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Title: The role of international 'high-risk clones' in the emergence of metallo-β-lactamase-producing Pseudomonas aeruginosa in the UK
Author: Wright, Laura L.
ISNI:       0000 0004 5915 6878
Awarding Body: University of East Anglia
Current Institution: University of East Anglia
Date of Award: 2015
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Pseudomonas aeruginosa is a Gram-negative bacterium responsible for a wide range of opportunistic hospital-acquired infections. However metallo-β-lactamases (MBLs) encoding resistance to carbapenems and other β-lactam antibiotics – which are important agents for the treatment of P. aeruginosa infections – are increasingly reported in the species worldwide. This study aimed to characterise a comprehensive collection of MBL-producing P. aeruginosa referred to the UK national reference laboratory from 267 patients between 2003 and 2012. VIM-type MBLs predominated (91%) but a few IMP- and NDM-type enzymes were also identified. Diverse types were identified amongst these isolates using nine-locus variable number tandem-repeat (VNTR) analysis, but the majority (85%) belonged to six major complexes, corresponding to sequence types (STs) 111, 233, 235, 357,654/964 and 773, respectively, by multi-locus sequence typing (MLST). These are all‘high-risk clones’ frequently reported internationally as hosts of MBLs. blaVIM- and blaIMP-MBL genes were carried in diverse class 1 integron structures; the six most common integron structures (I-VI) carried blaVIM-2 (n=5) or blaVIM-6 (n=1) genes; four were associated with single STs (I, ST111; III, ST773; IV, ST654/964; V,ST357) while two integrons types (II,VI) were seen in multiple STs. Five of these six integrons were located on the P. aeruginosa chromosome, while one (VI) was located on a plasmid. VIM-encoding genomic islands were characterised in representatives of STs 111, 233 and 235 using whole genome sequencing (WGS) methods. SNP analysis achieved greater discrimination among MBL-producing representatives of STs 111 and 235. CRISPR-Cas bacterial defence systems were absent from all sequenced representatives of STs 111 and 235 but were present in single representatives of STs 233, 357, 654 and 773. Overall, ‘high-risk clones’ are important in the spread of MBL-producing P. aeruginosa in the UK. Future work should focus on further elucidating the reasons for the success of these clones, to better understand how to limit the spread of these multi-drug resistant organisms.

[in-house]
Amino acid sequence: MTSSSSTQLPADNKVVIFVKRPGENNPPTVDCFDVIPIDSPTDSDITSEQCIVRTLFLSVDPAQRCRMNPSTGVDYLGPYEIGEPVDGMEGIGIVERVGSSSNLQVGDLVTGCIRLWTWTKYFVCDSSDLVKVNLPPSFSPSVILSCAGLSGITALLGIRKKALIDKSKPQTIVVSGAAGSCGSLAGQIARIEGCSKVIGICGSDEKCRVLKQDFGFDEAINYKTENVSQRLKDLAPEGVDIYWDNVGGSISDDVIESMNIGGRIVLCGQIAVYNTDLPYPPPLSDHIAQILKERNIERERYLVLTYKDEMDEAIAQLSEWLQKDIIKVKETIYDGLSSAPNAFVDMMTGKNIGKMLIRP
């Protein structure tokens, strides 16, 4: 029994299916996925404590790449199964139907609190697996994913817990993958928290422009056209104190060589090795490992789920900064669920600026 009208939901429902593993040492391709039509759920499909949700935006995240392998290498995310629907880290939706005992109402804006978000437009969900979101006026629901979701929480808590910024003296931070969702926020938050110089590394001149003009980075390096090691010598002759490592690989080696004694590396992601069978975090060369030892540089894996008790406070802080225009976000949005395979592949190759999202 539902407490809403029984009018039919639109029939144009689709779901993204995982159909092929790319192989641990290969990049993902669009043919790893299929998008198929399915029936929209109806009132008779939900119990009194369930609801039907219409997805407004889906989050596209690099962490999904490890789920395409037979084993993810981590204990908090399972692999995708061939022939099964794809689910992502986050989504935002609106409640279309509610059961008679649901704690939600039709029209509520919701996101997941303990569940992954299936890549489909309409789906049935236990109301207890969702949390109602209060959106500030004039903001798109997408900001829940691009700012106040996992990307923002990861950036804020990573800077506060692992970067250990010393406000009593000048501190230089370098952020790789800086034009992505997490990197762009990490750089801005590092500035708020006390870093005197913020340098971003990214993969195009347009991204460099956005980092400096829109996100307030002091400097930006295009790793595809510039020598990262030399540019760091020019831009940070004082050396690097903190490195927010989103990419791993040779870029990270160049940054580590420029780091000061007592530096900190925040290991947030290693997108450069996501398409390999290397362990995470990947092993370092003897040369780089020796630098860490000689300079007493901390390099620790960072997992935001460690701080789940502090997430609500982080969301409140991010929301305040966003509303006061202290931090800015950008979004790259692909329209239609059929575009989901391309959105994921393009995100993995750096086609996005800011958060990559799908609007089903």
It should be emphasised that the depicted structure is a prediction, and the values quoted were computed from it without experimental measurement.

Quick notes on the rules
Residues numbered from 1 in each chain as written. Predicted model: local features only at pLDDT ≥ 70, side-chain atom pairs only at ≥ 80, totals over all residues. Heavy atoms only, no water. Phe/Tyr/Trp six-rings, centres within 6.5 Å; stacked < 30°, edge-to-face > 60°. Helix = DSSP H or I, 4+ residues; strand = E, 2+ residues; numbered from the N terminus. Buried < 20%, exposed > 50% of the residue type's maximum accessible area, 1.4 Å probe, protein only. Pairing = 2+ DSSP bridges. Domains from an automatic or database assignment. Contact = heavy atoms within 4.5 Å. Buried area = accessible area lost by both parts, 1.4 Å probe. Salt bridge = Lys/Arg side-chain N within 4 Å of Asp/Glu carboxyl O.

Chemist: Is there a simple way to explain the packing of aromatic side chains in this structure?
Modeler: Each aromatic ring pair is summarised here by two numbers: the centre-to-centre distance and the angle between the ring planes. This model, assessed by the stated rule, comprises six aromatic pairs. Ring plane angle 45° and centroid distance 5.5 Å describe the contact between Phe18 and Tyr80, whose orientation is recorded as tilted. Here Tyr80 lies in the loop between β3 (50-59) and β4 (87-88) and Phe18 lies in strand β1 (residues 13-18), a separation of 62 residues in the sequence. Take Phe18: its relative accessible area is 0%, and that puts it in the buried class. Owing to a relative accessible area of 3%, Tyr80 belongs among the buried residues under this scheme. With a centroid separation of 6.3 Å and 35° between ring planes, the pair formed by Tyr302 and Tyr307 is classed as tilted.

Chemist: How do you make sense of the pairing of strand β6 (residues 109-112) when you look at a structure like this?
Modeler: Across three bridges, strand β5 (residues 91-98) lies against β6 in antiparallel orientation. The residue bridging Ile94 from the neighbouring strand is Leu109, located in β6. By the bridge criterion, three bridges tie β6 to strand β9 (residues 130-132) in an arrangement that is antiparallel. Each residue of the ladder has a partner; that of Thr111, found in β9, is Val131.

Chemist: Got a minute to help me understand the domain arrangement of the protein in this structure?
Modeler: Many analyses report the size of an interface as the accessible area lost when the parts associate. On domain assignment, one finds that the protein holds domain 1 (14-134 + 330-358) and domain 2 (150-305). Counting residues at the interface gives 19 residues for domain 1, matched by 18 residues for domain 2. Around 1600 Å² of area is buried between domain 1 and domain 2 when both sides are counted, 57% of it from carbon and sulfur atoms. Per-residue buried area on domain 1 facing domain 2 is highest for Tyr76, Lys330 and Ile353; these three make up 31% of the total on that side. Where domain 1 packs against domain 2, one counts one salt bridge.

Supervisor: Not available Sponsor: Not available
Qualification Name: Thesis (Ph.D.) Qualification Level: Doctoral
EThOS ID:  DOI: Not available